Ophiocordyceps-ant interactions as an integrative model to understand the molecular basis of parasitic behavioral manipulation.


University of Central Florida, College of Sciences, Biology Department, 4110 Libra Drive, 32816 Orlando, FL, United States. Electronic address: [Email]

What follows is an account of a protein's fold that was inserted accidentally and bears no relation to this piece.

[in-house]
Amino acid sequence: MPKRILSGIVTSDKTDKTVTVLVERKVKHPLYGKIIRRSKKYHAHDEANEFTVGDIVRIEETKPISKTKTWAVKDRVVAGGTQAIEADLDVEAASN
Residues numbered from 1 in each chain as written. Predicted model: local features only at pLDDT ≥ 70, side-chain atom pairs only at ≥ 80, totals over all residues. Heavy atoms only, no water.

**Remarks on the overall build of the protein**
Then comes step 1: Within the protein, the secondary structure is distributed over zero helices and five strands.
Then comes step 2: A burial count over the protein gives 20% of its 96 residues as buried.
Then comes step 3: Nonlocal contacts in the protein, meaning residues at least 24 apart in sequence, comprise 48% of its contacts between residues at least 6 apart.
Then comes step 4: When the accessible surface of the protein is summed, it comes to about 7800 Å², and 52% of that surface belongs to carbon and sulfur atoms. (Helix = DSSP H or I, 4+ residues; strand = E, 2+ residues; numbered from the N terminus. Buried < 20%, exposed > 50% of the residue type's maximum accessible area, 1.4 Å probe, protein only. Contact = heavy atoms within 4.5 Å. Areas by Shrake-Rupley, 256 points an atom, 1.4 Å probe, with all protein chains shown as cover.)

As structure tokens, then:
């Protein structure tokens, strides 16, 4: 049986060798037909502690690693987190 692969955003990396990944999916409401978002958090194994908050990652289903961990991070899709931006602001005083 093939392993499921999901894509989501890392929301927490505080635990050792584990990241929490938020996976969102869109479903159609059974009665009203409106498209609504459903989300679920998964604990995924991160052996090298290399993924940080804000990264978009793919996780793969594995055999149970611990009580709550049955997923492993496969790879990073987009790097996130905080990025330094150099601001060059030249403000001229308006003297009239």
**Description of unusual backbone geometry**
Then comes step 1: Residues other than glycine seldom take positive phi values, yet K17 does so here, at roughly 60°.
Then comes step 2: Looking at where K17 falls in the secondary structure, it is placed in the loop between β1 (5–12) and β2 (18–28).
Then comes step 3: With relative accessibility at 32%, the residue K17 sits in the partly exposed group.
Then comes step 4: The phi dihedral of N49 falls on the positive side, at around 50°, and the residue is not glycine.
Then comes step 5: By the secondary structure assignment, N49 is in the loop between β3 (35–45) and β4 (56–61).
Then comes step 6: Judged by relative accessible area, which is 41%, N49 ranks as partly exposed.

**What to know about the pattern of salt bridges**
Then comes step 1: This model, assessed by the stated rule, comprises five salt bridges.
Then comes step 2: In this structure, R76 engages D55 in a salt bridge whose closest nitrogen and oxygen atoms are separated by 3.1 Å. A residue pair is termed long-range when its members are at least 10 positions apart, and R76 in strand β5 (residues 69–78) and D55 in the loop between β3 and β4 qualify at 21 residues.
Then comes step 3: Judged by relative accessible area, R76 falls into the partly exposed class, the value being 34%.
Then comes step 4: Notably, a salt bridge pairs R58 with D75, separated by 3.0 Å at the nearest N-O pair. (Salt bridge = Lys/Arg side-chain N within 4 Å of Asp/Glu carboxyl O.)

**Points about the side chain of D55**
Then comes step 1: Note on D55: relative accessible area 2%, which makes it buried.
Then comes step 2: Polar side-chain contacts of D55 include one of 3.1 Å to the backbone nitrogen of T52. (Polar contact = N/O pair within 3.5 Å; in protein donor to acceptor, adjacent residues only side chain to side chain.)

Ophiocordyceps-infected ants display a substrate biting behavior that aids parasite transmission. World-wide research into this behavioral manipulation has led to new fungal species descriptions, annotated genomes, and detailed field observations. Experimentally tractable modified ant behaviors and the development of infection techniques have enabled the quest for the molecular basis of this phenomenon. Behavioral studies followed by transcriptomics, metabolomics and three-dimensional electron microscopy have led to novel mechanistic hypotheses. This multidisciplinary work represents a big leap forward. However, definitive answers have yet to be obtained. A comprehensive understanding hinges on continued integrative efforts that reveal the precise natural history, behavioral ecology and evolutionary relationships between Ophiocordyceps-ant systems, and the true functions and involvement of genes and metabolites in behavioral manipulation.